What does this mean for us today at St. Timothy & St. Mark? Our Christian lives follow much the same pattern as that of Jesus' first followers. At baptism, we are commissioned to let our light shine so that others may see our good works and glorify our Father in heaven. We fall short and lose sight of God’s calling for us. God picks us up, forgives us and recommissions us.
We may become discouraged after trying and trying to witness to others about Jesus. Like the disciples, we have to get back into the boat and follow Jesus’ directions and calling. Following the call of Jesus means putting our nets back into the water even when we have previously had no success.
Jesus not only calls us to try again, but invites us to share what we have with others and gives us meaningful work to do.
We don’t have to be great evangelistic powerhouses. Our lights may be small, but together with the light of Christ, there is more than enough light to dispel the deepest darkness of this world. We show others who Jesus is by letting him live his life through us and we invite people who we meet to share a meal with us.
Jesus showed himself to his disciples by abundantly providing for their needs. In the case of the disciples, it was successful fishing followed by Jesus feeding them.
How can we reach out and feed those in our world? One thing God is calling us all to do is to share the love of Jesus with everyone.When someone shares a need or concern, tell them you’ll be praying for them--and then do it!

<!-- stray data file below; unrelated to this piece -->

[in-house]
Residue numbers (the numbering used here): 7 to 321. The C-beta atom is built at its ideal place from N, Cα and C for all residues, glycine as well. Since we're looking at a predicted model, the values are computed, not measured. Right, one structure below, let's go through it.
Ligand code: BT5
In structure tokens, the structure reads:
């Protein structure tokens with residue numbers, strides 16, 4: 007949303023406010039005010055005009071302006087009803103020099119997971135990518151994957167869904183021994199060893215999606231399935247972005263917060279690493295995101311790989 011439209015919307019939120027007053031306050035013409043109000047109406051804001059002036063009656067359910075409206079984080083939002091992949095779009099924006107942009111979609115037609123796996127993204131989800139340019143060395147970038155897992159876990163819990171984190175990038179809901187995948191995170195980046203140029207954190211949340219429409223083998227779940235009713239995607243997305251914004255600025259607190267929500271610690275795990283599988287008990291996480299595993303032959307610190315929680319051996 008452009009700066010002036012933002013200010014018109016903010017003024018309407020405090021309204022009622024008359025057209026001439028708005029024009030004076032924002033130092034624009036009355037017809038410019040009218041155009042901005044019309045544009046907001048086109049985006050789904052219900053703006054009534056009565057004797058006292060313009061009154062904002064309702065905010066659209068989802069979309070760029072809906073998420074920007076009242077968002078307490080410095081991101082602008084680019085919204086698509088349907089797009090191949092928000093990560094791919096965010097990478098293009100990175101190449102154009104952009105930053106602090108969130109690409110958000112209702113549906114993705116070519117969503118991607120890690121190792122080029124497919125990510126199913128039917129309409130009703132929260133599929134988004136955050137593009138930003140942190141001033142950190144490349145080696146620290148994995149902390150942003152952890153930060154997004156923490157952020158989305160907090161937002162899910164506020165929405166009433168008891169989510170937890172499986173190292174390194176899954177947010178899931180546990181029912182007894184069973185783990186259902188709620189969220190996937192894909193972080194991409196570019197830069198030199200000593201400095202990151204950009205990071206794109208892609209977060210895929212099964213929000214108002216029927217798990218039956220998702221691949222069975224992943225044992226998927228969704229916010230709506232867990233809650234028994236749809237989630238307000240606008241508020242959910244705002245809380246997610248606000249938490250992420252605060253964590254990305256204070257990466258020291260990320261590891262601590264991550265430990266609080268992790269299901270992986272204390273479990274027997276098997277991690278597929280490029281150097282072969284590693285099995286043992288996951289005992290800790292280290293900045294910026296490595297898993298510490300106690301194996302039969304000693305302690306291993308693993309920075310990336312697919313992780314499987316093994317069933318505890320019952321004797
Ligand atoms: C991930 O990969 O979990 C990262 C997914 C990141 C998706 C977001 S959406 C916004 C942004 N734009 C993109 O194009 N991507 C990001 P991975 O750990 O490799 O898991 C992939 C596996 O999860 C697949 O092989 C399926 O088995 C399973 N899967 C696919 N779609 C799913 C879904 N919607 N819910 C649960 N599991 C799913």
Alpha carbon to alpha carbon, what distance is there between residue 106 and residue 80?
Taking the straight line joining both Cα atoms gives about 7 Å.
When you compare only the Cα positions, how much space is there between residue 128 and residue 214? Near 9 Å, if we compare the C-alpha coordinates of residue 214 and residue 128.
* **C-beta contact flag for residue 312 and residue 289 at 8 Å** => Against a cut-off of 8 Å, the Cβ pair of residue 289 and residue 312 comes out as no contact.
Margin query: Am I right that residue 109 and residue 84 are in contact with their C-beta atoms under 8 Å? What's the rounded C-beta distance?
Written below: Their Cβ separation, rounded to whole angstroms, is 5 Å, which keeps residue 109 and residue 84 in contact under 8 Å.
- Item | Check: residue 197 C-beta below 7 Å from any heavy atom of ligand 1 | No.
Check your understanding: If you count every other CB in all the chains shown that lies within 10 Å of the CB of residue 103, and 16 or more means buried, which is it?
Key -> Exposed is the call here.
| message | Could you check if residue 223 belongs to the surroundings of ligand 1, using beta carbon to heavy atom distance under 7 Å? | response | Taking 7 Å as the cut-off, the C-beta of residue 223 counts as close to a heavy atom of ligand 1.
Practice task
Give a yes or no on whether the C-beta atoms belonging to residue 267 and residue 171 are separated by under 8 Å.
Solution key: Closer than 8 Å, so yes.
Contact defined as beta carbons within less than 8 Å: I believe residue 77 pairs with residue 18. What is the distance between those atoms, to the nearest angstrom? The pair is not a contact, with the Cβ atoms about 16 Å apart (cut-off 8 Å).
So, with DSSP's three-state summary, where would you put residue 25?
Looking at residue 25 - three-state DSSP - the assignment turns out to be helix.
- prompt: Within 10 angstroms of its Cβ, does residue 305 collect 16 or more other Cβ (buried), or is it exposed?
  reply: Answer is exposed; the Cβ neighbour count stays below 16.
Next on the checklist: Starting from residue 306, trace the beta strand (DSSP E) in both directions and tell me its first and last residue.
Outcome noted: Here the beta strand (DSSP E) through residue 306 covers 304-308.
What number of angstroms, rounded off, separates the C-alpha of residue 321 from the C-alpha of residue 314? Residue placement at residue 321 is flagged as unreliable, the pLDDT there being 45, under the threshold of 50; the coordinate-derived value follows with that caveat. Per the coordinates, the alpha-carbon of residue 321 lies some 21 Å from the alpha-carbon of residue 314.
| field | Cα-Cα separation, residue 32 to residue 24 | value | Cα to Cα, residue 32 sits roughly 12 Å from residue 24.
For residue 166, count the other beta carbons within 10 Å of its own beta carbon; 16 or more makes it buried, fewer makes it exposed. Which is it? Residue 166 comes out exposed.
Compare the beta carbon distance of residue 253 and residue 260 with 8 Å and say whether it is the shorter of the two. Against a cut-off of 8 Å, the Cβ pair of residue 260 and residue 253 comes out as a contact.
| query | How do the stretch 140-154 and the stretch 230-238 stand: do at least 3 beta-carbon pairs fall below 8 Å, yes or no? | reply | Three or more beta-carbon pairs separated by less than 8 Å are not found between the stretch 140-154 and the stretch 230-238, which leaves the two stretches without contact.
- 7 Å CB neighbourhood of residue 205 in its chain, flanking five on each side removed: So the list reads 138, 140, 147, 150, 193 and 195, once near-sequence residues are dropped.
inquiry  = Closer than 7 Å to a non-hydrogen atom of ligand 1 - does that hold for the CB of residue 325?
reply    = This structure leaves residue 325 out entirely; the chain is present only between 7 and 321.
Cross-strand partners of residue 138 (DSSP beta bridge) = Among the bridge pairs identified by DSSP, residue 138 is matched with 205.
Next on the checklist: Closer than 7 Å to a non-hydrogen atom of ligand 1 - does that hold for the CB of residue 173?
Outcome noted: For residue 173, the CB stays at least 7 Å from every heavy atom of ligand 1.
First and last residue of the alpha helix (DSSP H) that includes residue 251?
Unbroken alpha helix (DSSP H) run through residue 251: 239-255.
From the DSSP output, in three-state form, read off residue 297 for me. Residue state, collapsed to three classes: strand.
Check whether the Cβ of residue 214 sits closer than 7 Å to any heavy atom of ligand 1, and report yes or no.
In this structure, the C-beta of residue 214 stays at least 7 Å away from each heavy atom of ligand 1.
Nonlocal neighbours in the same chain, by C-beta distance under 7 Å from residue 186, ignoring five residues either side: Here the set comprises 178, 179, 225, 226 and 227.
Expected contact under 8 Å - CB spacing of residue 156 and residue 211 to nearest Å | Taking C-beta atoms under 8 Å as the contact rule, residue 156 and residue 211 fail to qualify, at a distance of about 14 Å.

We all have gifts that God has blessed us with so that we can be a blessing to others. For the grieving, provide comfort and a listening ear. For those lacking mobility, provide a ride or go shopping for them. For the hungry, contribute food for the community food pantry and maybe even work there. Wherever we see a need, God is pointing the way for us to get involved!
In the early church, “eating together was an occasion for experiencing the presence of Christ” (Fred B. Craddock). The communal aspect of faith strengthened them--and It strengthens us.
We are fed wth the bread and wine of the Eucharist and we are fed as we eat and drink together at fellowship after the service.
Jesus reveals himself to us, nourishes us by Word and sacrament and equips us to be God’s hands and feet. We just have to listen when he points out which side of the boat to fish from.

David Lose,
Brian   Brian Stoffregen, Exegetical Notes at
Google Image


Popular posts from this blog

If and If and If

This is the sermon I preached on Sunday, 10/1/17 at St. Timothy Lutheran Church and St. Mark Lutheran Church. The scripture text is Philippians 2:1-13